Today the Biden administration confirmed its plans to offer 80 million acres of the Gulf of Mexico for oil and gas leasing, a plan Earthjustice states is illegal and contrary to the administration’s pledge to act on climate. The notice of the sale was officially entered into the Federal Register today. Over the weekend, a pipeline off Huntington Beach, California ruptured spilling more than 126,000 gallons of oil, closing beaches, leaving dead fish and seabirds in its wake, and decimating a fragile wetlands ecosystem. Meanwhile, the Coast Guard continues to track oil leaks in the Gulf of Mexico from oil infrastructure damaged during Hurricane Ida. Earlier this year, the Government Accountability Office published a report that shows Interior does not adequately conduct subsea inspections of offshore pipelines or ensure that oil companies properly decommission older pipelines.
The Biden administration will be holding the oil and gas lease auction on Nov. 17, 2021. On Aug. 31, Earthjustice filed a lawsuit in federal court in the District of Columbia against Interior and Bureau of Ocean Energy Management on behalf of Healthy Gulf, Sierra Club, Friends of the Earth, and the Center for Biological Diversity challenging Interior’s decision to hold lease sale 257. The lawsuit argues that the 2017 environmental analysis the Biden administration is relying on to hold the sale is outdated. Among other things, it ignores new information showing the rising dangers from pipeline leaks.
The following is a statement from Brettny Hardy, Earthjustice attorney:
“The Biden administration’s decision to open up the Gulf to more drilling is not only hypocritical to their stated goals to act on climate, it is illegal. The administration is relying on an environmental analysis that is deeply flawed and outdated. Plaintiffs alerted Interior to its many problems, and yet, they are plowing ahead with a Trump administration plan. This is a continuation of the prior administration’s reckless and unlawful behavior, all while the real repercussions of offshore drilling are apparent by the unfolding oil disasters in both the Pacific and the Gulf. We’re deeply disappointed by the Biden administration’s failure to follow the law and to fulfill its promises. So we will see them in court.”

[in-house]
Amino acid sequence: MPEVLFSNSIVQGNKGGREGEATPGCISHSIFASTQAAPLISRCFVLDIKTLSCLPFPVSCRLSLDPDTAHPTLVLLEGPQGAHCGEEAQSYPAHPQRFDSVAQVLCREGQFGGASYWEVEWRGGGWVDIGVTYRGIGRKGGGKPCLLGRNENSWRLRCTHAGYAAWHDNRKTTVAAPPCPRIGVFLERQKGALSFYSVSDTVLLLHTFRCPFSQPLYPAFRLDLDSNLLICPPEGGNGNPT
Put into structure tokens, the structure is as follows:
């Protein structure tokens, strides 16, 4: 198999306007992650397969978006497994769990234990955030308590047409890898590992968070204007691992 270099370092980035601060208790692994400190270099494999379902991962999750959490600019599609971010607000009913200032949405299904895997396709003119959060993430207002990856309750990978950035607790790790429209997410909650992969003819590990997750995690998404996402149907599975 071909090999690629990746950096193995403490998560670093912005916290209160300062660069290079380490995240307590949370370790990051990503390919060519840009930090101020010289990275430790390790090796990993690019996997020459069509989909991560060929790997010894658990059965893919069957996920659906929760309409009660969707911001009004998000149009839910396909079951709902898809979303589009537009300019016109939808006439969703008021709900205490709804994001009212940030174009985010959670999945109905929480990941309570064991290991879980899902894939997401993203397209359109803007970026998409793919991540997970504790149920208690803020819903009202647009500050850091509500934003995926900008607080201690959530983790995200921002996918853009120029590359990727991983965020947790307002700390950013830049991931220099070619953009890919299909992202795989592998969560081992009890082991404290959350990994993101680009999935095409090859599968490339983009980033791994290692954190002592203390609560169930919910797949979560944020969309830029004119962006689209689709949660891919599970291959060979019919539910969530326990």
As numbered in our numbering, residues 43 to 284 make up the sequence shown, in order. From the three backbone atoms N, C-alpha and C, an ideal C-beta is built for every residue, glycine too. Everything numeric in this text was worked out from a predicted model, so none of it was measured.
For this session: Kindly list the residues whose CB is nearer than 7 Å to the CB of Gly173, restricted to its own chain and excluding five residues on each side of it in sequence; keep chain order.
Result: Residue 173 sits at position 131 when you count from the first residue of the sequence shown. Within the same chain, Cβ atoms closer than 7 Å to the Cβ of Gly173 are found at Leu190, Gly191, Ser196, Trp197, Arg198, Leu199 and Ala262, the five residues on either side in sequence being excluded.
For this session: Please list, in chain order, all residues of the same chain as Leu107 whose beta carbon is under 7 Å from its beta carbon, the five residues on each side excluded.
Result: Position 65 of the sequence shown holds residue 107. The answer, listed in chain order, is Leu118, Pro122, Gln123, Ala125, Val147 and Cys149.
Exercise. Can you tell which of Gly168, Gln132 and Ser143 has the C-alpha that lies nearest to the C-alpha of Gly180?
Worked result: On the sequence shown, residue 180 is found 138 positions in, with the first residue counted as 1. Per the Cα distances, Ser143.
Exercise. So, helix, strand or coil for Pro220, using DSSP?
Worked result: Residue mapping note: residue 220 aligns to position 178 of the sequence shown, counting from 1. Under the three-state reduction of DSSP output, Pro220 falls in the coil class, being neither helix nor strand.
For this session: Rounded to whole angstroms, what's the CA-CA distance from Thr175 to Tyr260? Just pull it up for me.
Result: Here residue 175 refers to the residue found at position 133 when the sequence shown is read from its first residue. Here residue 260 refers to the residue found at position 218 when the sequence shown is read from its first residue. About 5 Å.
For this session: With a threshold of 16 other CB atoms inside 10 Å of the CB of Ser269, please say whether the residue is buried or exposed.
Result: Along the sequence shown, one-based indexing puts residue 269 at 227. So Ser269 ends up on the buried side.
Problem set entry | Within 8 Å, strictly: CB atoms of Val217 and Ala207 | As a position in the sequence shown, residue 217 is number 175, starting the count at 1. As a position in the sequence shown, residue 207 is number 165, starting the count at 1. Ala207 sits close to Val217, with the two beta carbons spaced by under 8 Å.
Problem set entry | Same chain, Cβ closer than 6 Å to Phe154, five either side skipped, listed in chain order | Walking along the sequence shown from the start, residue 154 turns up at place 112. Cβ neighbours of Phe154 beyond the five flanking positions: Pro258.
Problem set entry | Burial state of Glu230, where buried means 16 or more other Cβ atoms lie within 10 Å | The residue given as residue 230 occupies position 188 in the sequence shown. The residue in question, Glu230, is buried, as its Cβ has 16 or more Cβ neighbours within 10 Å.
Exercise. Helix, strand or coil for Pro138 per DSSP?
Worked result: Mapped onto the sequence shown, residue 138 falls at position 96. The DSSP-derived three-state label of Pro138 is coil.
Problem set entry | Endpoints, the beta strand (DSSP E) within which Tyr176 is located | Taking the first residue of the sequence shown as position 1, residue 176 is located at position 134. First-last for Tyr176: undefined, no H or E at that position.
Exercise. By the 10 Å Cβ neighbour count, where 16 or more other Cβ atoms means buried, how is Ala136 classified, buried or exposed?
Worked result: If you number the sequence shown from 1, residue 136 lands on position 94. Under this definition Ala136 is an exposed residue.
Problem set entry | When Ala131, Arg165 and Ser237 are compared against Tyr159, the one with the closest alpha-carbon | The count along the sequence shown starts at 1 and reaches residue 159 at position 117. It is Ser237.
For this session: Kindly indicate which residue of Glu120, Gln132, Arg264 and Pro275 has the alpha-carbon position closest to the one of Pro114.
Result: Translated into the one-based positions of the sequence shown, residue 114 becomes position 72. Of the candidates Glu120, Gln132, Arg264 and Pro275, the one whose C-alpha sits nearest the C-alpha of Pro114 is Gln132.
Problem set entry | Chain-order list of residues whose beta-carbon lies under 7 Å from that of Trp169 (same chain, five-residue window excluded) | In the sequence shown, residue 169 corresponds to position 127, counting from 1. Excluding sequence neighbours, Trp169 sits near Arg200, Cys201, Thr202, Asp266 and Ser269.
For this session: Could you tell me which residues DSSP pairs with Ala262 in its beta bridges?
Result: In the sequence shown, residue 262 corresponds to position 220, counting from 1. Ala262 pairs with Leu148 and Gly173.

The environmental analysis of the proposed sale relies on improper modeling to conclude that not having the lease sale will result in more greenhouse gases. The 9th Circuit Court of Appeals rejected this approach last year. In August, a federal district court in Alaska found that the same conclusion was deeply flawed after the Department of the Interior tried to rely on it again for a large oil development project in Alaska’s Western Arctic.
The Interior Department last looked at the environmental impacts of a Gulf lease sale in 2017. Since Interior completed its environmental analysis, significant new information has emerged that demonstrates, among other things, the dire state of the climate crisis and the potential for increased harm to endangered species, including the Rice’s whale, one of the most endangered whales on the planet, that is only found in the Gulf of Mexico.
Last week, the Center for American Progress released a paper that finds that oil and gas interests gave a combined $4.5 million to the campaigns of the 14 governors and attorneys general that sued the Biden administration over the leasing pause put in place shortly after President Biden entered office.
Interior’s own estimates show that the sale could lead to the production of up to 1.12 billion barrels of oil and 4.2 trillion cubic feet of gas over the next 50 years, which will contribute substantial greenhouse gas emissions.